Protection of man and the environment

Medical radiation dose optimisation

X-rays and radioisotopes are an integral part of today’s healthcare. Radiology creates visual images of organs, nuclear medicine diagnoses and treats cancer with radioisotopes and radiotherapy uses radiation as a cancer therapy. Moreover, new nuclear medical applications are continually being introduced.

As with all forms of radioactivity, these applications are not without risk for both patients and medical staff. SCK•CEN invests heavily in pioneering research aimed at keeping these radiation doses to an absolute minimum whilst retaining the benefits of radioactivity.
 

Protection of premature babies

Almost all premature babies have underdeveloped lungs. During the initial months these babies frequently have to undergo lung x-rays. Babies, and premature babies in particular, are highly sensitive to radiation, hence the need to keep the dose as low as possible. However, the quality of a radiological image is directly dependent upon the amount of radiation. We have conducted extensive research in recent years into the delicate balance between a minimal radiation dose and sufficiently high image quality.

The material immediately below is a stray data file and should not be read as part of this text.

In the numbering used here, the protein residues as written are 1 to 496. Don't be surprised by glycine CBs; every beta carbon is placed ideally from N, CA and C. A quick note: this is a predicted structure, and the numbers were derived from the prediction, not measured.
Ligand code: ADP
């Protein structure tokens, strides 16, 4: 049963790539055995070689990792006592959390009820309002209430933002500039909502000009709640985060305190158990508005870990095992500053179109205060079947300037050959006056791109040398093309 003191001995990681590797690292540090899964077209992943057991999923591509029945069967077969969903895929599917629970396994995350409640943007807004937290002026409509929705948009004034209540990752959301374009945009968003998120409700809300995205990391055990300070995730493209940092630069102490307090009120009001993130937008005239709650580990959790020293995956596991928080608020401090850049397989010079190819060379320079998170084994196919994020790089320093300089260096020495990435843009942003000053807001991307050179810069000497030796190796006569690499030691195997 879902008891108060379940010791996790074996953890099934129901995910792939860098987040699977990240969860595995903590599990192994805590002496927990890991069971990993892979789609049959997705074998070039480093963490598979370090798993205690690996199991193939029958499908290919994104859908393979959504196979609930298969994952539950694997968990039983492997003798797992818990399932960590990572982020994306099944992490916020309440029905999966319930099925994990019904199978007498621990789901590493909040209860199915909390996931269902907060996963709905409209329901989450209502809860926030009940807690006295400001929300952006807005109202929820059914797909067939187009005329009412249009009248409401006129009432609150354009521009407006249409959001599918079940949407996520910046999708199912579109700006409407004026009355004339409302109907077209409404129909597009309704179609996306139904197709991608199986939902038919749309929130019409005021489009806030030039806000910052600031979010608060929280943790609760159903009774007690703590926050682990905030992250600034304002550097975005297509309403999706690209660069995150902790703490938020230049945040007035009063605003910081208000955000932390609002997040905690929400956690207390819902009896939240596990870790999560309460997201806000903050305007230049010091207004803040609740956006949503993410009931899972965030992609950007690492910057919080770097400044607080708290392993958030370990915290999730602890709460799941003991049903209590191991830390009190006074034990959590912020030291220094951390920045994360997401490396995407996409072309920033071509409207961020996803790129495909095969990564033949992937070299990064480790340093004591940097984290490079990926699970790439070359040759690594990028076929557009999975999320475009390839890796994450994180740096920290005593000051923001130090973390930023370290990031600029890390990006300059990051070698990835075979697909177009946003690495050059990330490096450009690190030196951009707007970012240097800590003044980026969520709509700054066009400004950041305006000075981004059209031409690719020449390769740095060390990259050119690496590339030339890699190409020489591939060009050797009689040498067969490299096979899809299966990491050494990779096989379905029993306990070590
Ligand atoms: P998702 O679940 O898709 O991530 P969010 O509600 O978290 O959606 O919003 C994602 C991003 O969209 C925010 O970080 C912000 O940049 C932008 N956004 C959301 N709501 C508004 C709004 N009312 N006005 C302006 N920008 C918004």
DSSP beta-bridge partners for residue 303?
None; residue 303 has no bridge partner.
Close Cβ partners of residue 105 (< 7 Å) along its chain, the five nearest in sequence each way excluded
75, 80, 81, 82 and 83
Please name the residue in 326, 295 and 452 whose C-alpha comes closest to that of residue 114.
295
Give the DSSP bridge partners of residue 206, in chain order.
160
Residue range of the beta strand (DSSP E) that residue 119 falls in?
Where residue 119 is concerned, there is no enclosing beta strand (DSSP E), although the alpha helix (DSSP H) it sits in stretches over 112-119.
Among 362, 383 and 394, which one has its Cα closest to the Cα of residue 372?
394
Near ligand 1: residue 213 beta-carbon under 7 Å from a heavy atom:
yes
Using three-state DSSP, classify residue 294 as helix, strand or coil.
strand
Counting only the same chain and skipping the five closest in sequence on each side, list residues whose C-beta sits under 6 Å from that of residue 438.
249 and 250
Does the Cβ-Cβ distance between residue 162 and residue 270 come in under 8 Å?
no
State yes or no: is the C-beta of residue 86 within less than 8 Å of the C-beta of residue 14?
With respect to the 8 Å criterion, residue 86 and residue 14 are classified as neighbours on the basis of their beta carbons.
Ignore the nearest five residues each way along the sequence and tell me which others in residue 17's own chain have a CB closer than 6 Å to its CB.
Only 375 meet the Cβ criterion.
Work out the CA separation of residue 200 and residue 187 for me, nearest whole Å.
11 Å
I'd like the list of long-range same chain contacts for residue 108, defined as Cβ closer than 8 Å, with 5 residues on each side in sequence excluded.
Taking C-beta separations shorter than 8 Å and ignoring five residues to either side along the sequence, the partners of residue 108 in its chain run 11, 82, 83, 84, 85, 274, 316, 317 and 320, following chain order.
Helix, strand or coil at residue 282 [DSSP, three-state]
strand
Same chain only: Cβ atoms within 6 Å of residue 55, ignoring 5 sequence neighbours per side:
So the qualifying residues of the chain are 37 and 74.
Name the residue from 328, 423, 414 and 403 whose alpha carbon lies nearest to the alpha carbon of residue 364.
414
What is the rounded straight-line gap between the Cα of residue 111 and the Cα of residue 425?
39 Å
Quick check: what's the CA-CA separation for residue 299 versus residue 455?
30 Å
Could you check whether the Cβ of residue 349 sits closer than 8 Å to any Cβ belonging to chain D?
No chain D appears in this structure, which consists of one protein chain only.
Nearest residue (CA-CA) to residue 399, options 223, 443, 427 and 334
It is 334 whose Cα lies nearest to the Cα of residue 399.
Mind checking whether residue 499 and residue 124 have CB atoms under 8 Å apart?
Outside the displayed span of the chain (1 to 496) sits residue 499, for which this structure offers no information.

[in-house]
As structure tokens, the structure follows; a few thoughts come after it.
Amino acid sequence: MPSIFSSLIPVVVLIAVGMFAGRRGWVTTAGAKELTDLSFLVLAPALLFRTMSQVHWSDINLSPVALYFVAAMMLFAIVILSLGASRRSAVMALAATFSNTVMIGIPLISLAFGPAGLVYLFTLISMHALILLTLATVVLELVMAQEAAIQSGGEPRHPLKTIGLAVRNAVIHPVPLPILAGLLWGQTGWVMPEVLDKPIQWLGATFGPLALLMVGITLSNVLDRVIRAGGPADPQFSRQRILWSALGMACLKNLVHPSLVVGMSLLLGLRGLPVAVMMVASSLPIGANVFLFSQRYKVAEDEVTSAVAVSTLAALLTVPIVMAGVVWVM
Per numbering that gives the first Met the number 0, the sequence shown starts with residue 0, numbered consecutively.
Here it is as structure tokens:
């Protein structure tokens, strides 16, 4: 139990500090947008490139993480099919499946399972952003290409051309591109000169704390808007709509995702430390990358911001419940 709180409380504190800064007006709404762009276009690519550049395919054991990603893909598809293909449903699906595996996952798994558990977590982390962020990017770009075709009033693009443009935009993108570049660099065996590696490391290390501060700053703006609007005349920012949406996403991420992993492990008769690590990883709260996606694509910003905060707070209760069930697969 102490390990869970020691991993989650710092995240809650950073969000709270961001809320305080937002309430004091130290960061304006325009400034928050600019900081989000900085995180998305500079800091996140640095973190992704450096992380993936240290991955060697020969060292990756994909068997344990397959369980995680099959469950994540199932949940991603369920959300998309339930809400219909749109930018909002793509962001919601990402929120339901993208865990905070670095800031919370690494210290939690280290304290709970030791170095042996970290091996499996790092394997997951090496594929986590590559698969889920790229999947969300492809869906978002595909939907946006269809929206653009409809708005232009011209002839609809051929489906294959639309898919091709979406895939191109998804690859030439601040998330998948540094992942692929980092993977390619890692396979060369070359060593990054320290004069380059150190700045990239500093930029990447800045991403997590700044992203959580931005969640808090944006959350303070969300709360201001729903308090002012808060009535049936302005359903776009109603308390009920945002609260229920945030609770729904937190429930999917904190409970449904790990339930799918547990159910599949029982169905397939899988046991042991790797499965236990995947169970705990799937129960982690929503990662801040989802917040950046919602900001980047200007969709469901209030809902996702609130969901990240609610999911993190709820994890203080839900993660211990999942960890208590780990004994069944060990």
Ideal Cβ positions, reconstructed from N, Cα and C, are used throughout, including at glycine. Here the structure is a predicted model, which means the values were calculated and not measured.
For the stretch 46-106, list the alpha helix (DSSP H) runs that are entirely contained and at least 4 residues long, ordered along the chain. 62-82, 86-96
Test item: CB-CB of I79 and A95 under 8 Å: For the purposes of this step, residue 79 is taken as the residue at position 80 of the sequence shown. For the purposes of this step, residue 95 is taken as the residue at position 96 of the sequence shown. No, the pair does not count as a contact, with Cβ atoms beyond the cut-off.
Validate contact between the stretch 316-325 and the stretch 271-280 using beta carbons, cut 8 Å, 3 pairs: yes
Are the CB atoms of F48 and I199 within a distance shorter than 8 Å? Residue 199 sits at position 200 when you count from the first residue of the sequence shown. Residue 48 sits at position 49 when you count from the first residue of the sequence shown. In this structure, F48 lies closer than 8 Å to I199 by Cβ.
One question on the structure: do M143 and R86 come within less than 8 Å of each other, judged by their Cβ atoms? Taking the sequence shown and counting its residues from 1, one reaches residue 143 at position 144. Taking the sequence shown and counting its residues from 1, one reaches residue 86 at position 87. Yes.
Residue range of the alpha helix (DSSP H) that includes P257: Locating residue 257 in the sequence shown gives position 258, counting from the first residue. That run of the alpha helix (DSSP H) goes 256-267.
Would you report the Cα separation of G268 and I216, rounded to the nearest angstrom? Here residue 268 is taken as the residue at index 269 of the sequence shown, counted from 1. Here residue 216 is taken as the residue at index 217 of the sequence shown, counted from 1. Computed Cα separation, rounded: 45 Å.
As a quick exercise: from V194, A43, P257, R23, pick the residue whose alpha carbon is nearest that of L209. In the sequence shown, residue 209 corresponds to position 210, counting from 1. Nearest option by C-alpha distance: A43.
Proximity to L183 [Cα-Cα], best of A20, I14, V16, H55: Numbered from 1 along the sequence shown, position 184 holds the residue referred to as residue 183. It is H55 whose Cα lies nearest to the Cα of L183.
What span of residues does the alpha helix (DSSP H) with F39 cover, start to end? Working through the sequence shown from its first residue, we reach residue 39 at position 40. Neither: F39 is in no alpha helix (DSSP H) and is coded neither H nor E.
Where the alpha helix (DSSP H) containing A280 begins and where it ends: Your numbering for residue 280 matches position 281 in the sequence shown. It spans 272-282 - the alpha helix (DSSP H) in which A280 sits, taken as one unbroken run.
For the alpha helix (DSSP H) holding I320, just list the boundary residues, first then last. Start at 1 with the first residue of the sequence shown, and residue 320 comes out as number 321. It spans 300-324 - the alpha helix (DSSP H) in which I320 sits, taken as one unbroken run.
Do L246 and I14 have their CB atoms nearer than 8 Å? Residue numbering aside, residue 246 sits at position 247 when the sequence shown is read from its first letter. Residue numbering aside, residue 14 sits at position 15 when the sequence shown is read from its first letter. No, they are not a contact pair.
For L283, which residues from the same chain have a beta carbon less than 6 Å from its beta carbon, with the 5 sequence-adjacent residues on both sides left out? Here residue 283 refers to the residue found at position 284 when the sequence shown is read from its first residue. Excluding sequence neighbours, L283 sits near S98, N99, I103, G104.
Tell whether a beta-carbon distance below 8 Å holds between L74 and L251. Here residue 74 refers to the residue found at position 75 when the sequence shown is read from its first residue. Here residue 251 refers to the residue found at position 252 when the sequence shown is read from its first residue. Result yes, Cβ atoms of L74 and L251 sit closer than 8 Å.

To this end we developed new models to define the ideal dose for each organ. During this process we confirmed the need for an extra filter, which lowers the radiation dose in the lungs by a quarter without excessive loss of image quality. We are conducting a national study to chart the general radiation impact on premature babies in this country.

 

Skin damage caused by interventional radiology

Medical treatments or examinations increasingly involve interventional radiology, whereby a small incision is made in the patient's skin. Various needles, guide wires and catheters are inserted through the incision whilst radiological techniques are used for visual control. This type of intervention is frequently employed to insert pacemakers and stents, visualise arteries, etc.

If the intervention takes a long time the increasing radioactivity level can cause skin damage. Together with several university hospitals, we have developed a measurement method to define and monitor the threshold levels for skin damage with interventional radiology. We have also designed protection methods for medical staff.